December 30, 2019
Cardiac autonomic nervous system (ANS) dysregulation—specifically higher resting heart rate (RHR) and lower heart rate variability (HRV)—is associated with incident atrial fibrillation (AF), results of a new analysis of the Multi-Ethnic Study of Atherosclerosis (MESA) show. This association is independent of known cardiovascular disease (CVD) risk factors, according to the researchers.
The researchers aimed to evaluate the association between baseline RHR and short-term HRV as surrogates of ANS with incident AF among individuals without previous CVD. To conduct their analysis, the researchers studied data on 6261 participants of MESA who had not been diagnosed with AF or CVD.
The researchers used 3 standard 10-second, 12-lead electrocardiograms to measure RHR, the standard deviation of normal-to-normal intervals (SDNN), and the root mean square of successive differences in RR intervals (RMSSD). The researchers adjusted their findings for demographics, atrioventricular nodal agents, and known CVD risk factors.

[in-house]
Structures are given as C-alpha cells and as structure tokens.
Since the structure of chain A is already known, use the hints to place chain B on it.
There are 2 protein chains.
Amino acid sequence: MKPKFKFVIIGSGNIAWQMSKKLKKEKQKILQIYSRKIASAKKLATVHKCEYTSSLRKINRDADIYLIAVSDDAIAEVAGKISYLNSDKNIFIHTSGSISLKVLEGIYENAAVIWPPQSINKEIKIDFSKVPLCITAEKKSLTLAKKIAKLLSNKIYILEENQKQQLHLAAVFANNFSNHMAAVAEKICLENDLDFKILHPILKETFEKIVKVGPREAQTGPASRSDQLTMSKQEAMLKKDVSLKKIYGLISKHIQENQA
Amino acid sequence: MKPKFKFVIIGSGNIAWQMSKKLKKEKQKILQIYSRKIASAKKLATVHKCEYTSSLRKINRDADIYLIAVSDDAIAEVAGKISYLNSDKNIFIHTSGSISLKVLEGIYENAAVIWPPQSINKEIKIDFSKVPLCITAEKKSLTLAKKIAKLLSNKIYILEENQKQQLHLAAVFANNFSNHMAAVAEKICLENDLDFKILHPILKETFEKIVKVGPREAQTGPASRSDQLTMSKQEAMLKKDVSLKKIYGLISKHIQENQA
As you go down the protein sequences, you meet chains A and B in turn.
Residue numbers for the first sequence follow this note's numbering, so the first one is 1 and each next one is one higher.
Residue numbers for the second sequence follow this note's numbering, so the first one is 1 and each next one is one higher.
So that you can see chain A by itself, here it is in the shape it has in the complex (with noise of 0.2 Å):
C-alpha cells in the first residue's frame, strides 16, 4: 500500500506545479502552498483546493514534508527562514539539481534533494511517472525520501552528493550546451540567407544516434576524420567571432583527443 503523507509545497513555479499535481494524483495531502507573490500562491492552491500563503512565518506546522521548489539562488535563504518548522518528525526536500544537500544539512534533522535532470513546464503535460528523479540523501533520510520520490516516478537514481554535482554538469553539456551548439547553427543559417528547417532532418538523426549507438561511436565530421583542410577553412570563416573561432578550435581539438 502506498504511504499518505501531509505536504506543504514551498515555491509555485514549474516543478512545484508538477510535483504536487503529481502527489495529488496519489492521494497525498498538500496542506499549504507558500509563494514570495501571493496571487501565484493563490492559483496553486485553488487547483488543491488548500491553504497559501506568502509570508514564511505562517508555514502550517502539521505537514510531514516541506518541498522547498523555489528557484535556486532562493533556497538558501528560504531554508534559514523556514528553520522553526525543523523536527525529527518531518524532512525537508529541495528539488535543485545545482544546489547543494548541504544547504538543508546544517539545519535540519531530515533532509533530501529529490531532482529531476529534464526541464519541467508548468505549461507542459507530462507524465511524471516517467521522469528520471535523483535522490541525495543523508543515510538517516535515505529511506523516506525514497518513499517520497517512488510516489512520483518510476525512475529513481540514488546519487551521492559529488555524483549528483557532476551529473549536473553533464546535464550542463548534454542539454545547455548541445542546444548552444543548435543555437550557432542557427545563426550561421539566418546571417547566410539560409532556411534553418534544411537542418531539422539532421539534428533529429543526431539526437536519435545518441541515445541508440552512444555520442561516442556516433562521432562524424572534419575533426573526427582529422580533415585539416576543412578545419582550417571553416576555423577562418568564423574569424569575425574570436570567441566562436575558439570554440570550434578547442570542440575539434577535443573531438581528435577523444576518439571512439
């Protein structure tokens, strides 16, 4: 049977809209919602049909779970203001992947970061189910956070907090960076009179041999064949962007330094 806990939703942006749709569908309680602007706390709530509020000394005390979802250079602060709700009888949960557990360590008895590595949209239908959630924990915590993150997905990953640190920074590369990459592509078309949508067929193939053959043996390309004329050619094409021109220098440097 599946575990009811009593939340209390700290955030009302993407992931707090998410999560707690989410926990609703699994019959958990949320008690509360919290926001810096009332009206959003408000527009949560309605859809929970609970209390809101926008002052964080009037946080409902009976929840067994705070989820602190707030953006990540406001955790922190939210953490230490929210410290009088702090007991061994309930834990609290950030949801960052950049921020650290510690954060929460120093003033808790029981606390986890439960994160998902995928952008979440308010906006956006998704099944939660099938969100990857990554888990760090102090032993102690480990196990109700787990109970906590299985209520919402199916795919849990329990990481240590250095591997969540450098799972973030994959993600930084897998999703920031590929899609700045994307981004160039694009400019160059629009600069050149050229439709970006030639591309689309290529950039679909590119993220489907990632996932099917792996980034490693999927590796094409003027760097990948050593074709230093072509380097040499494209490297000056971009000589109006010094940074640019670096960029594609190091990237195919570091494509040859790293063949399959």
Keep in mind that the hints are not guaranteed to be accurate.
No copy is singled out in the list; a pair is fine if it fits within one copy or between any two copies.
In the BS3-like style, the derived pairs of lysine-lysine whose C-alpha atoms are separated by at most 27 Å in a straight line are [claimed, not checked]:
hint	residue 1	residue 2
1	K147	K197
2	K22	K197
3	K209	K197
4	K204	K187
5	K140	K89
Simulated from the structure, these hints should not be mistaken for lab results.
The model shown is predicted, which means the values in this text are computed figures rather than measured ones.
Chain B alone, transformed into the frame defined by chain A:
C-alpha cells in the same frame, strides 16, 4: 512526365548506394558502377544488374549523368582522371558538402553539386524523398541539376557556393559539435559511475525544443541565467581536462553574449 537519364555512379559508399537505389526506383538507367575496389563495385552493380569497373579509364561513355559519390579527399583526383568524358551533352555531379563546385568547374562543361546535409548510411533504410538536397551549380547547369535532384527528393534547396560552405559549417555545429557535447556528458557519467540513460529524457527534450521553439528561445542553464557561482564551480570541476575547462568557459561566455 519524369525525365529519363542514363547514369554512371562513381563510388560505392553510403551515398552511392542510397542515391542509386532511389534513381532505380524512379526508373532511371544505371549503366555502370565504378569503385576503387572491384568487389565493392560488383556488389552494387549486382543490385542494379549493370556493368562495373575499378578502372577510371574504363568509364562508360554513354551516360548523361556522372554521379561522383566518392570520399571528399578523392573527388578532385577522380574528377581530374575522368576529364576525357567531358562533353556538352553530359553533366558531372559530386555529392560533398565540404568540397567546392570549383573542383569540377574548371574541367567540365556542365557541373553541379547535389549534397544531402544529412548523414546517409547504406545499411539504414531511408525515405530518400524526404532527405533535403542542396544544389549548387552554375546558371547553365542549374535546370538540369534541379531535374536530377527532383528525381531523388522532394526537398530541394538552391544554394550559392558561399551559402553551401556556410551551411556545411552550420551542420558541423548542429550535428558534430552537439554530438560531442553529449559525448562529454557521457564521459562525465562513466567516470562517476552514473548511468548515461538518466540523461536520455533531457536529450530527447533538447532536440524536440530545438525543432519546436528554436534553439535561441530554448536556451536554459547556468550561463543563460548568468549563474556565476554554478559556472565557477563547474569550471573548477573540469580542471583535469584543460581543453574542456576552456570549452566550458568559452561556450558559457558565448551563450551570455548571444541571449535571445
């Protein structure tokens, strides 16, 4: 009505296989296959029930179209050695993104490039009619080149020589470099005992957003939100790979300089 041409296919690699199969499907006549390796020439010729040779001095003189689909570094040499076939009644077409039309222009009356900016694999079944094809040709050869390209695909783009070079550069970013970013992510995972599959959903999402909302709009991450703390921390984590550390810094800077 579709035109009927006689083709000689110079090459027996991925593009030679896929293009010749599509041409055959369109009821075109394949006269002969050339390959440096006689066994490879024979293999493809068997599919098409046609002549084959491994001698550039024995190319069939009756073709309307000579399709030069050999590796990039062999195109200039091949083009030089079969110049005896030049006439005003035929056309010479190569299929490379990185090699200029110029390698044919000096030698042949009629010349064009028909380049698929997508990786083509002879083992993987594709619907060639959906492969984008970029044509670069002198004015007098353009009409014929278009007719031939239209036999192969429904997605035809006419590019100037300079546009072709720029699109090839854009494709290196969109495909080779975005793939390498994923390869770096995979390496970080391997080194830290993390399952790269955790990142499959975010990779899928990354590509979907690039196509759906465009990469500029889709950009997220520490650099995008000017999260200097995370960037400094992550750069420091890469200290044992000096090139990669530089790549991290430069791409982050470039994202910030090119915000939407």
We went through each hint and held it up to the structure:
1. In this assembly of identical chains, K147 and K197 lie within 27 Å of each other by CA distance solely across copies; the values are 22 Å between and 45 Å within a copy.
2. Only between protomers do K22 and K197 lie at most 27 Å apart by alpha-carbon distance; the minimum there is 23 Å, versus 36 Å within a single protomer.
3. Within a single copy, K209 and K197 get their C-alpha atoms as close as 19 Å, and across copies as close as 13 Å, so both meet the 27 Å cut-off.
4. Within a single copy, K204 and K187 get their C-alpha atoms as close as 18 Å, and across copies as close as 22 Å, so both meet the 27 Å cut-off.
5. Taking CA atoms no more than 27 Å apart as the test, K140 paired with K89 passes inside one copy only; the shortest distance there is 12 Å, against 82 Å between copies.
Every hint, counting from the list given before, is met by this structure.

A total of 754 (12%) participants had developed AF over a mean follow-up of 11.3 ± 3.7 years.
The analysis showed that there was a nonlinear association between RHR, HRV, and incident AF. And in fully adjusted models, higher baseline RHR (>76 beats per minute) was associated with incident AF; this association was not present with lower baseline RHR.
Findings also showed that lower values of RMSDD and SDNN, as well as higher values of RMSDD, were independently associated with incident AF.
Habibi M, Chahal H, Greenland P, et al. Resting heart rate, short-term heart rate variability and incident atrial fibrillation (from the Multi-Ethnic Study of Atherosclerosis (MESA)). Am J Cardiol. 2019;124(11):1684-1689. https://doi.org/10.1016/j.amjcard.2019.08.025.